BOOK REVIEW: Sleeping Beauties by Stephen King and Owen King

34466922Title: Sleeping Beauties

Author: Stephen King and Owen King

Book Length: 718 pages

Rating: 3 out of 5 stars

Genre: Fiction, Horror, Fantasy, Thriller

Read Start Date: February 25, 2019

Read Finish Date: November 17, 2019

Brief Summary of the Plot from Goodreads: In a future so real and near it might be now, something happens when women go to sleep; they become shrouded in a cocoon-like gauze. If they are awakened, and the gauze wrapping their bodies is disturbed or violated, the women become feral and spectacularly violent; and while they sleep they go to another place. The men of our world are abandoned, left to their increasingly primal devices. One woman, however, the mysterious Evie, is immune to the blessing or curse of the sleeping disease. Is Evie a medical anomaly to be studied, or is she a demon who must be slain?

My Review: Stephen King is probably one of my favorite authors out there. However, I’m finding that I’m not so happy with his new stuff. The book starts with a woman murdering a couple of meth cookers in a pretty violent way. It become rather apparent that this woman is totally off her rocker, but at the same time she seems to know stuff, private stuff, about people that she really has no business in knowing.

Soon after her arrival, women who fall asleep start growing cocoons around them like butterflies (or moths) and do not awaken — but it is only the women. The men are unaffected.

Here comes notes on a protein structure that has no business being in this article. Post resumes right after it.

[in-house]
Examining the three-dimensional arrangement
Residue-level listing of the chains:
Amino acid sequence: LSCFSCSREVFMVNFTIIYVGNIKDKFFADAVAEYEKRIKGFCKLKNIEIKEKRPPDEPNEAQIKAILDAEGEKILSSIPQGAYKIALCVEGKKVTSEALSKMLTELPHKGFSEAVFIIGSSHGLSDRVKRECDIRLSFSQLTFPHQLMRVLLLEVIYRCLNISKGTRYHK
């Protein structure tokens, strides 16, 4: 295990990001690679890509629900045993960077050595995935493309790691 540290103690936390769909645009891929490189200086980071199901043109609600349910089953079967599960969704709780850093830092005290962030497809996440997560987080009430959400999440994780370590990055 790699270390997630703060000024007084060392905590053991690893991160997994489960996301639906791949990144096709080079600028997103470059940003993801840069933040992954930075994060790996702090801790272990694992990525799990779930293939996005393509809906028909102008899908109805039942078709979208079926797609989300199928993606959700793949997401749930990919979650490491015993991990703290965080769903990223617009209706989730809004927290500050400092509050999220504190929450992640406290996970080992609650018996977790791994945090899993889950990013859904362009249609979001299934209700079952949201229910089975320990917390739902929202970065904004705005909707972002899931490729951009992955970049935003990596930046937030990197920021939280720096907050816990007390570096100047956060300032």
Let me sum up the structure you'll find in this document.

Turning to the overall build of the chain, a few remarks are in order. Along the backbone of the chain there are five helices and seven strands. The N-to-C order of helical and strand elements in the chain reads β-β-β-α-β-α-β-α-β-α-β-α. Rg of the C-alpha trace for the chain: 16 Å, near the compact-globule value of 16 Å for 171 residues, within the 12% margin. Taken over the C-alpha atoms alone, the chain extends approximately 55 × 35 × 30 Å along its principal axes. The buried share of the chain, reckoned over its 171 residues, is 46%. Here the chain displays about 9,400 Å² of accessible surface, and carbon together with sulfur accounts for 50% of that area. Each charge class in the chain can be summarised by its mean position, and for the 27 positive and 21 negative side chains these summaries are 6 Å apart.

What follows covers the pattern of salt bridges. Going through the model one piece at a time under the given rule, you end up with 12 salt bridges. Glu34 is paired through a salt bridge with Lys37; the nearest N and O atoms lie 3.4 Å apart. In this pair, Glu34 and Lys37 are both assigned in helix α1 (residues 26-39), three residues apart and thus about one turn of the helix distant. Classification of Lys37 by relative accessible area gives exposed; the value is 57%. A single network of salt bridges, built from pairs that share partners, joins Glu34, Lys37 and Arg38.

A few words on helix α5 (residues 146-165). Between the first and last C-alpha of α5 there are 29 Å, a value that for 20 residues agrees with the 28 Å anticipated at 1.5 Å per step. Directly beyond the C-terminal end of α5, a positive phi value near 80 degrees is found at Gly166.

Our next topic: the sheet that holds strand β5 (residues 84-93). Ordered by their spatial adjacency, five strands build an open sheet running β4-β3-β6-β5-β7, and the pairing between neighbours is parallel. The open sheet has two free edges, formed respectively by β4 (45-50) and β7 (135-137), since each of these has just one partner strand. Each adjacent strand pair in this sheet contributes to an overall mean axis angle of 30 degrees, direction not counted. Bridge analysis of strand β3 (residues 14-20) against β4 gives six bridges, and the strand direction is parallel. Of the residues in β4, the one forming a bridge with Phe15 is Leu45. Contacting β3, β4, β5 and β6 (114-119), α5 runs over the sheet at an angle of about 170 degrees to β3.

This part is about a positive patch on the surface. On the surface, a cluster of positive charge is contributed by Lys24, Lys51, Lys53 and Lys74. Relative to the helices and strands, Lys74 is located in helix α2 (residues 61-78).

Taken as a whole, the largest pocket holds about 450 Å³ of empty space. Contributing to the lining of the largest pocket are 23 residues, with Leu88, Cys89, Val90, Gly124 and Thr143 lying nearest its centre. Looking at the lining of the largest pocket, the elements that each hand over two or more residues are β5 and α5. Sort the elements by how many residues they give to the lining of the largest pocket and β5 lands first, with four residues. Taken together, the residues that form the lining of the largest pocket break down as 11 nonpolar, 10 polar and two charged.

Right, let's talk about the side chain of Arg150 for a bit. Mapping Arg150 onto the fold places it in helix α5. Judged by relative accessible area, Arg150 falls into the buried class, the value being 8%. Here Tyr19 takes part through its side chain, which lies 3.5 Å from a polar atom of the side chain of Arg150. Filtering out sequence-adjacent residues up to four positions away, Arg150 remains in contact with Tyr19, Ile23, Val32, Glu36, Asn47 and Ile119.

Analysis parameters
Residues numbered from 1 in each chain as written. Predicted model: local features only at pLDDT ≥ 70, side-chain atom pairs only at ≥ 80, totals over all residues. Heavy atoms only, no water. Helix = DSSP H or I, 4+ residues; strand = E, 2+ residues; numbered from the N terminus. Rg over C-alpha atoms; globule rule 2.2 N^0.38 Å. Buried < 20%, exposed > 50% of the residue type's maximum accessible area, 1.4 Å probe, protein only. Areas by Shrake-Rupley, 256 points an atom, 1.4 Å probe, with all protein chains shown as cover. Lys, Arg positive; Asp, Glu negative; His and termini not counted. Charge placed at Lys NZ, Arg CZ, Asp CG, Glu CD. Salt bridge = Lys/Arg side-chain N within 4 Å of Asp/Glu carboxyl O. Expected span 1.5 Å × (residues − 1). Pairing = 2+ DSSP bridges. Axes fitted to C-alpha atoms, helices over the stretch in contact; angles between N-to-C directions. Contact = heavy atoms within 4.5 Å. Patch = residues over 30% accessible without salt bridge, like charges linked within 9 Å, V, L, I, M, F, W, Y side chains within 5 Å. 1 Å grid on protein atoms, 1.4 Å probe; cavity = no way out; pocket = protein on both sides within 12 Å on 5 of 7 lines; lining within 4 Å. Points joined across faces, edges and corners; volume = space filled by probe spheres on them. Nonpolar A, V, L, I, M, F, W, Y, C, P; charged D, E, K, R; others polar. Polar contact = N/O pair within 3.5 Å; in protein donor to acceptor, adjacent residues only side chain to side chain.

I originally started to read this book because I really like virus books in general and The Stand by Stephen King remains to be one of my all time favorites, so it seemed like a winning combination. As you can see above, it took me much longer than usual to get through this book, and I guess that the book wasn’t really keep my attention as much as other Stephen King books do.

It took me NINE MONTHS in all to finish it, I can truly say that the plot just progresses really, really slowly. In the book, only a few days actually goes by. 718 pages to describe events that takes place in less than a week. You do the math. I was really expecting something more from Stephen King.

I also was not so thrilled with the whole men are evil and women are perfect, because let’s face it that’s not true. And to be honest, has anyone ever worked in an office full of women? Was that such a utopian society? If your experience was anything like mine, you will give a resounding HELL NO!

I read a few reviews on this book and I liked the one from Katie Marie the best. I’ve included a link to her blog post.

On a scale of must read to don’t bother, this book falls somewhere in the middle. However, given the length, I would caution against starting it if you don’t have a lot of time to get through it.

 

 

BOOK REVIEW: The Demon in the Freezer by Richard Preston

198505._SY475_Title: The Demon in the Freezer

Author: Richard Preston

Book Length: 283 pages

Rating: 5 out of 5 stars

Genre: Nonfiction, Science, History, Medical, Health

Read Start Date: September 2, 2018

Read Finish Date: August 2, 2019